Sunday, April 30, 2006
Saturday, April 29, 2006
Friday, April 28, 2006
- I had heard of the notion, but I didn't realize that the Hygiene Hypothesis was a respected enough idea to have a fancy medical name.
- I bought a pair of Altec Lansing AHP712i Headphones with Active Noise Reduction headphones a month and a half ago and have been very pleased with both the noise reduction and sound quality. They're great for office work, running, or lawn mowing and have better bass response than any other headphone I've tried. At $28, they're $12 cheaper than I paid. My biggest complaint is that noise reduction system introduces a fair amount of hiss; fortunately, I can't notice it after about two minutes.
- A senior official in the Department of Homeland Security is proposing a global ID system to expedite travel and to inhibit terrorists.
- Republican senators recently proposed a $100 gas rebate for the vast majority of American tax payers. I thought the idea was asinine. How can the government rebate us for something we didn't buy from them? Moreover, what happened to those open-market, free-trade Republicans? It's nice to see that 86% of respondents at CNN.com thought the idea was silly, too.
- A little back-of-the-envelope math estimates that there are 150,000,000 eligible tax payers potentially receiving $100, for a cost, before administrative overhead, of $15,000,000,000. If the government took all of the profits that Chevron, ExxonMobile, and Marathon have reported this quarter, they'd still need to come up with a few billion to cover that bill. But what's a few billion?
Saturday, April 15, 2006
|Mean Mercury (ppm)||Mean Omega-3 fatty acid (g)||Omega-3/Hg (g/ppm)|
|Flounder or sole||0.05||0.43||8.6|
|Canned tuna (light)||0.12||0.495||4.125|
|Fresh or frozen tuna||0.38||0.76||2|
Wednesday, April 12, 2006
- It's wrong because it ignores that the Republicans began as a third party at a time when the two-party system was well entrenched. The rise of a third party simply required a powerful issue that was untenable for one of the existing parties.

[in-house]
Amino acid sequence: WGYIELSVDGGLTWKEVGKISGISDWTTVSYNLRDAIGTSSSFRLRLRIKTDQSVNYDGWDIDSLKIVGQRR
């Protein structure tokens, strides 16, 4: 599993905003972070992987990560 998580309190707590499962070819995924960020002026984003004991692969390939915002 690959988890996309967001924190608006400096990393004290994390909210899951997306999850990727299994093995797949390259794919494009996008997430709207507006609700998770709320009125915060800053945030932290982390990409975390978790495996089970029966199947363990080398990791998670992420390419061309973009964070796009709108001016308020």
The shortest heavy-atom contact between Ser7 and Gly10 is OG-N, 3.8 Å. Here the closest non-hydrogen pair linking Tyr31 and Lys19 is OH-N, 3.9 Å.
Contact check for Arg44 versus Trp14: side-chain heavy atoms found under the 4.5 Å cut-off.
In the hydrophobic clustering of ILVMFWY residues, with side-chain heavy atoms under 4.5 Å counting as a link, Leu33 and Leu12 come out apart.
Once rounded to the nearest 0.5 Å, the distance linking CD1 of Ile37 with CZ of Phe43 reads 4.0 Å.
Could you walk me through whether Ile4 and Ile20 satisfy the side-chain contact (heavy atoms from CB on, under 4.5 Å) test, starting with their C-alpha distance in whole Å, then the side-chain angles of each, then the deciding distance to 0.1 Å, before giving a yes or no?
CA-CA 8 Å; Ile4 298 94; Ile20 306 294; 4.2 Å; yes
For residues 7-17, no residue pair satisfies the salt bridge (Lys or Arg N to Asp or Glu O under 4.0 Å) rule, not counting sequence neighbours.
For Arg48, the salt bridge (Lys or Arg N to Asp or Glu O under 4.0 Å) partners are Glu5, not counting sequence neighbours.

- It's wrong because a fair portion of folks vote based on party labels regardless of the candidate. More importantly, most voters couldn't tell you how the incumbent in their district voted on specific issues. So if folks are voting based on the individual, they're doing so based on an individual's charisma, not on his stance on issues, or his party label.
- The two party system is dangerous because it puts so much power in the hands of the redistricters. Lines simply need to be drawn just so to give one party a slim advantage in some districts while giving the other party enormous advantage in other districts to diminish the effectiveness of the minority vote. In a multi-party system, electing representatives by party at-large in large states would better express minority opinions and would limit the meaningfulness of redistricting. Recall that DeLay's major accomplishment was to redistrict Texas in order to give Republicans a larger share of the state's seats, leading to a majority in the House.
Wednesday, April 05, 2006
While listening to When Sysadmins Ruled the Earth, an apocalyptic tale in which primarily only those sheltered in data centers survive, I laughed out loud, a dangerous proposition when running on a treadmill as I was, upon hearing the following exchange between two star-crossed sysadmins.
I've got a 486 downstairs with over five years of uptime. It's going to break my heart to reboot it.
What the everlasting s--- do you use a 486 for?
Nothing. But who shuts down a machine with five years uptime? That's like euthanizing your grandmother.